Foreign fantasy becomes reality

Ana Gutierrez, staff writer

The lines get shorter as hands scribble the last bits of information on the rectangular, light-blue sheet. The sounds of voices and suitcases rolling barely drain out the questions coming out of the officer’s mouth, each inquiring about more information than the one before. On the far right the lines for U.S. citizens get shorter, yet the majority of the crowd remains on the left side where passports of all different colors wait for the stamp that will let any man or woman enter the United States.

According to a survey conducted by the U.S. Census Bureau, 16.1% of the Texas population is composed of foreigners, identified as anyone who was not a U.S. citizen by birth. However, many foreigners seek citizenship by naturalization such as Cinco Ranch students junior Isabel Soto and senior Jove Brar.

American citizenship grants naturalized individuals the same rights as born citizens, such as right to vote and the opportunity to receive federal grants and scholarships for education. Whether it is for a brighter future or a better education, thousands of men and women of all ages purchase a one way ticket to the United States each year.

Senior Jove Brar was born in Canada and moved to the United States in 2001. His family first moved into the country through Brar’s dad’s H-1B visa, a non-immigrant visa that allows an employer to employ a foreign worker in specialty occupations. They then acquired a green card in 2003, changing their immigrant status became permanent residents. He and his family received their citizenship Feb. 23 of this year.

“I went through ten years of the citizenship process,” Brar said. “As much as a speeding ticket in that period of time could have been grounds to deport me.”

Before acquiring full citizenship, immigrant visas are given, which provide temporary residency until receiving a green card, although it is not guaranteed that one will be given.  If residency is approved and a green card is issued, the holder must remain in the country for a total of five years and refrain from breaking state or federal laws for that may result in deportation or rejection of the citizenship application.

“Now that we actually got our citizenship I feel that I fully get all opportunities,” Brar said. “Finally I can just sit back and relax; I am a citizen.”

The desire to come to the United States by foreigners is often driven by the wide range of opportunities provided by America, which created the idea of the American Dream. America is often seen as a safe haven from all the dangers many countries around the world pose on its citizens.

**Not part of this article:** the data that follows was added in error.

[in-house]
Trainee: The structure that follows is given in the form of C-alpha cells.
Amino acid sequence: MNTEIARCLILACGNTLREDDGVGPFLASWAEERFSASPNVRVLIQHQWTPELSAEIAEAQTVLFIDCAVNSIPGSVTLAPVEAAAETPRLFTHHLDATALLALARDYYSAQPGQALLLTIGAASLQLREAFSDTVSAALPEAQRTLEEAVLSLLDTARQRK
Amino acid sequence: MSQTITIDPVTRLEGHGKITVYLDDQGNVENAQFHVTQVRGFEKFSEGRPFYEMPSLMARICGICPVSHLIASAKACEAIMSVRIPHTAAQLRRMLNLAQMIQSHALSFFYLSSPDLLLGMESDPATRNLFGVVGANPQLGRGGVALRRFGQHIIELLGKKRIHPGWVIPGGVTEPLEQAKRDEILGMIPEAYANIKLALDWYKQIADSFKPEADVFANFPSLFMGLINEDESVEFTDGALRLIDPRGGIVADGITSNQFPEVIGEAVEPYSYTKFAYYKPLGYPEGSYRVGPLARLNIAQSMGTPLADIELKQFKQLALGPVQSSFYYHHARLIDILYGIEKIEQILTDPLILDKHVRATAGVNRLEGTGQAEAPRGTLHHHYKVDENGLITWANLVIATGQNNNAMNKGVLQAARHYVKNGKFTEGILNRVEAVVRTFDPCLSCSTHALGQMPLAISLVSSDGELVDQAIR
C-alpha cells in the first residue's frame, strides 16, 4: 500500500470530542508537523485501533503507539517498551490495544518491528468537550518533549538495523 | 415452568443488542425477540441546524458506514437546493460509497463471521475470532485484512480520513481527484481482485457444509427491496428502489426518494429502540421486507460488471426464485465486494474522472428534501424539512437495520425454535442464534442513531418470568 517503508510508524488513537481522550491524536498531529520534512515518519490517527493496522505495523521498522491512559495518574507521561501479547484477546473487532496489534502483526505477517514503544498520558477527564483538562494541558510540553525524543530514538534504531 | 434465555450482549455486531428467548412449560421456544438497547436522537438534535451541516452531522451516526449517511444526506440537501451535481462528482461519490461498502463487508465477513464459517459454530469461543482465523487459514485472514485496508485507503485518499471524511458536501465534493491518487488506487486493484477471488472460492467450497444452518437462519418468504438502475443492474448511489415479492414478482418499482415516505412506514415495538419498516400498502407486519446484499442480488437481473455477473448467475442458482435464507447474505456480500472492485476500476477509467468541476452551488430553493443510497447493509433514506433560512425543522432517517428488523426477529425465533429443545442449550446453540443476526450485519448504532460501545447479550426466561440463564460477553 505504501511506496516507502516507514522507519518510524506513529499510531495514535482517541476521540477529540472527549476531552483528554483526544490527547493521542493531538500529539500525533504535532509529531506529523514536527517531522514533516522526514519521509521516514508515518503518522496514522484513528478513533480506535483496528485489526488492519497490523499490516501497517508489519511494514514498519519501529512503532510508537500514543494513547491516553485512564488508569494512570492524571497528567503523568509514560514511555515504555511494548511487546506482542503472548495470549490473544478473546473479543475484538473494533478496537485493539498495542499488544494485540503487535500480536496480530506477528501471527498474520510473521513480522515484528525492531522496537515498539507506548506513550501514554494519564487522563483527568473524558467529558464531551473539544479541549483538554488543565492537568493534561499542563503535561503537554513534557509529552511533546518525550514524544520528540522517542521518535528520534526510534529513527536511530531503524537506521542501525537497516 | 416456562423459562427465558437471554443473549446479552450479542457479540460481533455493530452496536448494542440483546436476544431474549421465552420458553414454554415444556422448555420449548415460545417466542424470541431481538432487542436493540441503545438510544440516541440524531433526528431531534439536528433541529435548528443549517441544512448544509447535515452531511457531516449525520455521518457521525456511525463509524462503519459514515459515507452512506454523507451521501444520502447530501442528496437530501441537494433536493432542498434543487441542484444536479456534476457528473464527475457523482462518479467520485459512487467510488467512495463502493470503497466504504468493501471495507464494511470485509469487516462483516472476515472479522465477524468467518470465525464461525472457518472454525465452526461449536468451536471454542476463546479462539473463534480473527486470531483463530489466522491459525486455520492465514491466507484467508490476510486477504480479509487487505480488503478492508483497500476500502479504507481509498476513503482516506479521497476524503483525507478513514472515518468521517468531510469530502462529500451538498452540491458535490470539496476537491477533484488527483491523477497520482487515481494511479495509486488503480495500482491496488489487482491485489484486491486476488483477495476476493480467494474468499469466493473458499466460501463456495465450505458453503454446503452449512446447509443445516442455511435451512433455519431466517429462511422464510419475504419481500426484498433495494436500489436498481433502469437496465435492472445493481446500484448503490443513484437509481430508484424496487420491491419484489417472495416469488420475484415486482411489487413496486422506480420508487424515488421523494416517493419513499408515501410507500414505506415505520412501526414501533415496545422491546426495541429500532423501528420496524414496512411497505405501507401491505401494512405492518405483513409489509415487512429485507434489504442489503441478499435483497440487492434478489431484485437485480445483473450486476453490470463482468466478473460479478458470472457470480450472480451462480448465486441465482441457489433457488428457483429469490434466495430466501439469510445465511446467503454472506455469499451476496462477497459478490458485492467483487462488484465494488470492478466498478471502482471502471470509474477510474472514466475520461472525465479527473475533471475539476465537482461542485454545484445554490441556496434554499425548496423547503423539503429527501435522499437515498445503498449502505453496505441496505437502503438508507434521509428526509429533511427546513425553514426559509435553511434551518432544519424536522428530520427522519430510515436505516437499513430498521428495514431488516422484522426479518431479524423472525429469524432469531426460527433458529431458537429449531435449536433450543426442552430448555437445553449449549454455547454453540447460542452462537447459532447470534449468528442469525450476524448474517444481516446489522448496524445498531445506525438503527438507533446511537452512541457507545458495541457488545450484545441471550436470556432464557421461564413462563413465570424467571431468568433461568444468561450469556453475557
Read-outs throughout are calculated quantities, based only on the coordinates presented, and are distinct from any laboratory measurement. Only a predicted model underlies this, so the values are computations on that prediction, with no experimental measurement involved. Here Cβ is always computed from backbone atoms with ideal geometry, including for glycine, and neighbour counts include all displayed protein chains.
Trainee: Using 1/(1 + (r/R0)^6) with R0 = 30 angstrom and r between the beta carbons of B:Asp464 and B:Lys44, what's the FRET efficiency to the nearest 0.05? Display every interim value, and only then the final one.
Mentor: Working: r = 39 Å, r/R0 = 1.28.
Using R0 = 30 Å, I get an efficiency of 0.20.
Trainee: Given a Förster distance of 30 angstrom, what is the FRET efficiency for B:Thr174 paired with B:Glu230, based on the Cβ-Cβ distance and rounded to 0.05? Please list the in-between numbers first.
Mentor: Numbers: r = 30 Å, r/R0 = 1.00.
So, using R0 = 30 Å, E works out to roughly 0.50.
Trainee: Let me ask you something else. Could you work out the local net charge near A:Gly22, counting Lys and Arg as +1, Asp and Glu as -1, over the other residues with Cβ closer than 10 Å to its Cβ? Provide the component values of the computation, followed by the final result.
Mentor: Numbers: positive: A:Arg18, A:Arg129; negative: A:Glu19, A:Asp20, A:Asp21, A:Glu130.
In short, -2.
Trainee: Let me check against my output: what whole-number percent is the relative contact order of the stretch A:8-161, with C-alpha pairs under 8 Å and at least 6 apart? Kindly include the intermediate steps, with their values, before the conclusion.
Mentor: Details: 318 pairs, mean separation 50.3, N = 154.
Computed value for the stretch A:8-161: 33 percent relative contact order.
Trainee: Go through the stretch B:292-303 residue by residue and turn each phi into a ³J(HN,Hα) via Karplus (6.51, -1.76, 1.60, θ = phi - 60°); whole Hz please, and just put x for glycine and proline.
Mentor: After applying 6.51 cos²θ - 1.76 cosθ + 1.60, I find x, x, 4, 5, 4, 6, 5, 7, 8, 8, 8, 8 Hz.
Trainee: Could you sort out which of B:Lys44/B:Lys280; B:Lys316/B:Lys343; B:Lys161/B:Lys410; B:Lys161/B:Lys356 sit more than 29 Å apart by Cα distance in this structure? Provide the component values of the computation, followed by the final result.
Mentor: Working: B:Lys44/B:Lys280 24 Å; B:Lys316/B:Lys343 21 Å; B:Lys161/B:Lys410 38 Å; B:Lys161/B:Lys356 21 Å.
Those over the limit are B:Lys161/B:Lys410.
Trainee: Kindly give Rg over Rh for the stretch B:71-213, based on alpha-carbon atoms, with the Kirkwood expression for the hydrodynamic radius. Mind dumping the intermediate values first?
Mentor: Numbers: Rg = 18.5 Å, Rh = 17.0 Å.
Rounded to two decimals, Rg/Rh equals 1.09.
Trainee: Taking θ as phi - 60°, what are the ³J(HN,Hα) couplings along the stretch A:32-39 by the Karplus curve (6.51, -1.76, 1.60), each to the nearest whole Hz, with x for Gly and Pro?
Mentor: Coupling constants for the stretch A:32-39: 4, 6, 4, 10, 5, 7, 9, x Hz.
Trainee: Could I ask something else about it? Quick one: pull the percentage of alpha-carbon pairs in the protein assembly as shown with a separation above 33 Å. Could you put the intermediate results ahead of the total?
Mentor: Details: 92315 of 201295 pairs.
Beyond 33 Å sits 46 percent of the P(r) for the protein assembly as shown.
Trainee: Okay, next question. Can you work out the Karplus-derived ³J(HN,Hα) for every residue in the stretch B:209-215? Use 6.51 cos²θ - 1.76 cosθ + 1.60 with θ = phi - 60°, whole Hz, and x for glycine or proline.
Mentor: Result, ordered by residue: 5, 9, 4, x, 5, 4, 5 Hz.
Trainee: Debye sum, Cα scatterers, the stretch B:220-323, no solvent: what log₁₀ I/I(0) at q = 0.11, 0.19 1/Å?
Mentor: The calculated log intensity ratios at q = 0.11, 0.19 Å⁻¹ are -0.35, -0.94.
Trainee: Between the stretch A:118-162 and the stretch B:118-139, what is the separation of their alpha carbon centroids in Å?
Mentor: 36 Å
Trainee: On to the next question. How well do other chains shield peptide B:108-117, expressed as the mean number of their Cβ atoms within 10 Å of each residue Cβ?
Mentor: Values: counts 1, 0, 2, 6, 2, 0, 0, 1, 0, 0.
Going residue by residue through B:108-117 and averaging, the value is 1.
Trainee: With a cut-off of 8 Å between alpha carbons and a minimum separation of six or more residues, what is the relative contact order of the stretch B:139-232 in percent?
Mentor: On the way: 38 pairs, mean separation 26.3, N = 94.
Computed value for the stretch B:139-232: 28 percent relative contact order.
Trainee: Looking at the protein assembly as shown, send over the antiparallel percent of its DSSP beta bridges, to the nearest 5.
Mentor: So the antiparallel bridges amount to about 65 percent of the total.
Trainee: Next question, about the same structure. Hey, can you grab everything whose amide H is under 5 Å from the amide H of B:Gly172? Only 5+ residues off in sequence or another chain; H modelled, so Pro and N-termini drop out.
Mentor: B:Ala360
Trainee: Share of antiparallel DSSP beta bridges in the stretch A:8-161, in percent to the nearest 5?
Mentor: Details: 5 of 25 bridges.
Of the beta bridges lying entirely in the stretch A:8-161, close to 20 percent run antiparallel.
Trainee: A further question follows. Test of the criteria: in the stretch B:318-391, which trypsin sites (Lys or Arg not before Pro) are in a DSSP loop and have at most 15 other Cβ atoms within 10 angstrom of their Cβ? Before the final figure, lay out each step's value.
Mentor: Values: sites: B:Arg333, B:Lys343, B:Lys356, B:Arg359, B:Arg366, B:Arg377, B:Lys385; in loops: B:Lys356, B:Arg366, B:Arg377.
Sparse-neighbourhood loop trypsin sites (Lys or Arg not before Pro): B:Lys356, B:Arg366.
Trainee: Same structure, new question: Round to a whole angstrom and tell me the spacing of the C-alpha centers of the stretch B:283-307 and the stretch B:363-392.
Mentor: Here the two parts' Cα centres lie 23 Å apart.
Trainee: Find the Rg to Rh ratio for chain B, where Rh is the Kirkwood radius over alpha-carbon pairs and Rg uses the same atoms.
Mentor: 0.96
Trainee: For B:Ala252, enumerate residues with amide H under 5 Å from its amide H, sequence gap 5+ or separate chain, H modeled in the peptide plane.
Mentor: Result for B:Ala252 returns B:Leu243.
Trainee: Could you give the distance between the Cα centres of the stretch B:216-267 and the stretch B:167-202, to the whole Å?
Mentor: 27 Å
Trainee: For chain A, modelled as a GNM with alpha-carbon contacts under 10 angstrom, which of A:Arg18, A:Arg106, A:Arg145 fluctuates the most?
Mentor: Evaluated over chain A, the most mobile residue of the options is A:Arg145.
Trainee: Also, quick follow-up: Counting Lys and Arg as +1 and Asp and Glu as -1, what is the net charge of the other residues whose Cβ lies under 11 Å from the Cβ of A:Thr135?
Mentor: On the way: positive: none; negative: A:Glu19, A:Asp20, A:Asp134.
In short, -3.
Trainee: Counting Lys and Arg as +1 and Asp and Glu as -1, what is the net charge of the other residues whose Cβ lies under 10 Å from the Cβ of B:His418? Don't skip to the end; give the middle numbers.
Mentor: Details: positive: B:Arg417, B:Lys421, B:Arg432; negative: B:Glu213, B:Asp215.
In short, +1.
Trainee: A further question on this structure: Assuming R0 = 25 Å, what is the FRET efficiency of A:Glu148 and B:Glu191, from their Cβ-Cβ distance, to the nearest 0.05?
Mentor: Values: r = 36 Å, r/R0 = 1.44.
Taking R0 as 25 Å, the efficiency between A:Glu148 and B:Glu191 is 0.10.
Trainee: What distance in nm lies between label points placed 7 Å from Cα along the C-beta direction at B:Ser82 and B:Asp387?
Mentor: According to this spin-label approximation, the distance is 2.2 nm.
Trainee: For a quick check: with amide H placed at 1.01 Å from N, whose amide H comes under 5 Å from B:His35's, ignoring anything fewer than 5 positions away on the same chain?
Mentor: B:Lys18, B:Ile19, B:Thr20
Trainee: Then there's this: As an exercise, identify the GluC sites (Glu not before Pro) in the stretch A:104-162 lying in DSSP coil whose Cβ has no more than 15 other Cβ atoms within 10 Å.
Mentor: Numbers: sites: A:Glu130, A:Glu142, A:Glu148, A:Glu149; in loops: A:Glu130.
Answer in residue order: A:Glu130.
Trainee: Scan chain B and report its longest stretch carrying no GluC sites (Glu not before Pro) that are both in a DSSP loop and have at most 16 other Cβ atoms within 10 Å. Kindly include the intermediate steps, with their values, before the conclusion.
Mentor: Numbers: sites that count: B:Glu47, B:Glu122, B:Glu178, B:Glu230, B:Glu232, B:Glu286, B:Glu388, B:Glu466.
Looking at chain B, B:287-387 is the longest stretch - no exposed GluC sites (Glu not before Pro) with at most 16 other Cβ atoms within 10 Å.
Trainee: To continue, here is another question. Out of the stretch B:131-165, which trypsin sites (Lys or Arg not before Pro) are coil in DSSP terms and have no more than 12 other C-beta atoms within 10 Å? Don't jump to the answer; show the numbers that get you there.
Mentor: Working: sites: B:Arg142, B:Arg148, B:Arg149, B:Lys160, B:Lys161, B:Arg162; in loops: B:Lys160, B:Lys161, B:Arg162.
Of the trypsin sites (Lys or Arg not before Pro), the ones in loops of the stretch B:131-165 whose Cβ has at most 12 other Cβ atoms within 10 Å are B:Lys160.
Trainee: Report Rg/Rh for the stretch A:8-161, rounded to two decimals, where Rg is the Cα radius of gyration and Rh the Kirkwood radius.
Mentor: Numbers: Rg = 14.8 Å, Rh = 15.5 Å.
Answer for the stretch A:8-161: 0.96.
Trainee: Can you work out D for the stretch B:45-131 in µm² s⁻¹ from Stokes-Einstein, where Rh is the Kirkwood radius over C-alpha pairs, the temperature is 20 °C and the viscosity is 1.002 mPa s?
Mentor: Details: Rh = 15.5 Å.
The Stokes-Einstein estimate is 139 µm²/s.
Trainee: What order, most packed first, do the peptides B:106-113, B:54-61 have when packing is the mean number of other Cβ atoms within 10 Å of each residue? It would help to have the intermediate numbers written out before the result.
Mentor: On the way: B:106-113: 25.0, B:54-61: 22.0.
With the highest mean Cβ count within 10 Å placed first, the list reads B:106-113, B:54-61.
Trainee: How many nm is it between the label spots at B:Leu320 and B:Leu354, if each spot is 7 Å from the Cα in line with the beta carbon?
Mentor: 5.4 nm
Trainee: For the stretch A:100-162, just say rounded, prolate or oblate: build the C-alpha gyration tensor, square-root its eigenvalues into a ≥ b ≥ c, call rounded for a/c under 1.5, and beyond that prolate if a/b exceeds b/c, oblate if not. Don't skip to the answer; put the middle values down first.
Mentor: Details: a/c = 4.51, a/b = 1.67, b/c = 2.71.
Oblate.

“I feel like the United States is a perfect country and I am extremely honored to be a citizen of this country,” Brar said.

Junior Isabel Soto also became a citizen on Feb. 23. Unlike Brar, Soto has lived in the United States for so long that considering herself from Guatemala, her birth country, seems unfit.

“It is weird feeling like you are from two countries,” Soto said. “It is like I am officially part of something that I already felt a part of.”

The time, money, and patience involved in gaining citizenship become tiresome for those involved in the process. The regulations and limitations placed on those in the midst of the process can also seem overly controlling; however, the many men and women involved in the citizenship process deem it worthwhile.

“My parents went through being residents, the whole time waiting to become a citizen,” Soto said. “Now it is official, we are citizens.”

Besides effecting the present, becoming a citizen has positively influenced Brar’s and Soto’s future.

“As a citizen I get more options, especially in scholarships since many are only applied to citizens,” Soto said. “It opens a lot of new opportunities.”

“I would have applied to join the NROTC (Naval Reserves Officers Training Corps) program and probably gotten in if I had been a citizen, which would have certainly changed my future,” Brar said. “Instead I am going to a school for engineering, but I feel this was the best choice for me since it is more stable.”

Although the saying, “the grass is always greener on the other side” often describes the mistaken opinion of a jealous individual, Brar and Soto would agree that sometimes it might just mean exactly what it says.

“I often tell people that they have no idea how lucky they are to be born here,” Brar said.

Many living in Katy cannot wait for the day they leave this city behind. Ironically enough, many looking in from the outside dream of the day they will call this home.